WASHINGTON — The future of European military power isn't in a next-generation jet or a specialized unmanned system, according to a pair of top incoming NATO officials. Instead, the future is in that nebulous, if crucial, technology commonly referred to as the cloud.
"The future combat system is not an aircraft," Mercier said at an April 29 media briefing. "It is a C4ISR [system] with the cloud ID and platforms that are either piloted or unpiloted. We will have to be able to link on this. This is what we have to be able to build for the future, but we have to start it now."
"We're still having difficulty sharing levels of classification with countries that have already been approved … the bureaucracy gets in the way, and we have to get past that," he said. "The technical side is, if we're flying in a coalition activity that has Rafales, Typhoons, F-22s, F-16s, how do we do that? How do we share the sensor information that is gathered on one of those planes with all the rest?"
For example, imagine a US F-35 that collects high-end sensor data. The data may be safe to transmit to a UK partner, but not to a Romanian jet nearby; the security system would automatically understand that and control the flow of information.
Mercier said that pushing an interoperable combat cloud that can tie together different systems is a priority for him as he heads to NATO.
"In my next job, I think this is something we will promote within NATO, because we have to be sure that if we go this way – and I am very convinced this is the right way to go – we have to work on the interoperability," he said.
"NATO has to bring together weapons and platforms from 28 nations," he said in a May 4 interview. "Fundamentally, more than anything else, NATO needs interoperability, it needs defined standards so we can pass data very quickly between NATO countries."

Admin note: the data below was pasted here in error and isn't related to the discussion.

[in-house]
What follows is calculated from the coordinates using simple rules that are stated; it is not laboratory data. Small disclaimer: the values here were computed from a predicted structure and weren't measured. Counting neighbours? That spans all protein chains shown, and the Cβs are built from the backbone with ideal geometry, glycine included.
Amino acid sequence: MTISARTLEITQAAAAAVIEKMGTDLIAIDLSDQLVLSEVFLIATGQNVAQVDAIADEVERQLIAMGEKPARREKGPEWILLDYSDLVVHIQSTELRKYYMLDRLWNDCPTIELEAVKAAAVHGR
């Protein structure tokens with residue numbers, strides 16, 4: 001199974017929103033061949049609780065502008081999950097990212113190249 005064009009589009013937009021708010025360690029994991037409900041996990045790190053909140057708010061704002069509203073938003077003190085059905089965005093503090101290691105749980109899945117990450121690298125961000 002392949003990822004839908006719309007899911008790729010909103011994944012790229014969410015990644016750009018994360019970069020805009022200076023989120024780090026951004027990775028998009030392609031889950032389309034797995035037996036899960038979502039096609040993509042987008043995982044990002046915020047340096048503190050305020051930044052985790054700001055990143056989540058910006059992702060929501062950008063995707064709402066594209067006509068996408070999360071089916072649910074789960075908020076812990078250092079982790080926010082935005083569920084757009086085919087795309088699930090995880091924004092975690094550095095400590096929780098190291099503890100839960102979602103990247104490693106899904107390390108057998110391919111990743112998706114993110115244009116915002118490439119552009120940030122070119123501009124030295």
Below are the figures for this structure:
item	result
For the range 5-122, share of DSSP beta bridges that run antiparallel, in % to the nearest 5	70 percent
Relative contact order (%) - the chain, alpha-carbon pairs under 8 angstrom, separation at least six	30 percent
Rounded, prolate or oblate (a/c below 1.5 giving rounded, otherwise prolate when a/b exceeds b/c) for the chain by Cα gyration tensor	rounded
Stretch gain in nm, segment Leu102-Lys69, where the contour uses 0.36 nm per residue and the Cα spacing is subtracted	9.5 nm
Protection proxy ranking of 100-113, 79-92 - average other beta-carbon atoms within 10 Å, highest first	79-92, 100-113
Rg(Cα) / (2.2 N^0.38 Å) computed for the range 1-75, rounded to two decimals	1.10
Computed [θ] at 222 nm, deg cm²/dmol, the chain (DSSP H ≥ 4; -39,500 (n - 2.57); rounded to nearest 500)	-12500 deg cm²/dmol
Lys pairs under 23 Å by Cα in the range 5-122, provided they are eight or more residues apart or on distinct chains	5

The US has a leading role to play in developing these systems, Shaffer said.
"We are still the largest military in the world," he noted. "So basically, if we go in that direction, as long as we are open about it, other nations will try to follow it because they get more bang for the buck being able to interoperate with us.
However, that doesn't mean this should be a US product that is then pushed out to the NATO partners with limited input.
"It could be something that NATO drives, at least conceptually," Deptula said. "With the globalization of technology, the US in the past had to be the driver. It does not necessarily have to be that now."
Deptula said it was "exciting" to hear how Mercier has already begun implementing his vision of cloud computing and decentralized control through operations in Africa. Eventually he wants to see it tied into all aspects of military warfare, but for now the Air Force has the lead.
"Speaking simply from what I see in France, the other services are not ready to do that. What I am telling the chief of the Defense Staff is let us go this way, the Air Force, and we will prove that it works and we will keep working with the other services on this issue," Mercier said.
"There are difficulties and there are going to be complications. But with that said, if you look at the world now, technology and information is a global commodity," Shaffer said. "If we cut ourselves off from the global marketplace in the name of national security, then we are either going to have to spend a hell of a lot more money or we are going to see some of our capability advantage erode."
"At some point, we are going to have to be willing to take risk to be able to operate in that world," he added. "I think that is a very important nuance."
Aaron Mehta was deputy editor and senior Pentagon correspondent for Defense News, covering policy, strategy and acquisition at the highest levels of the Defense Department and its international partners.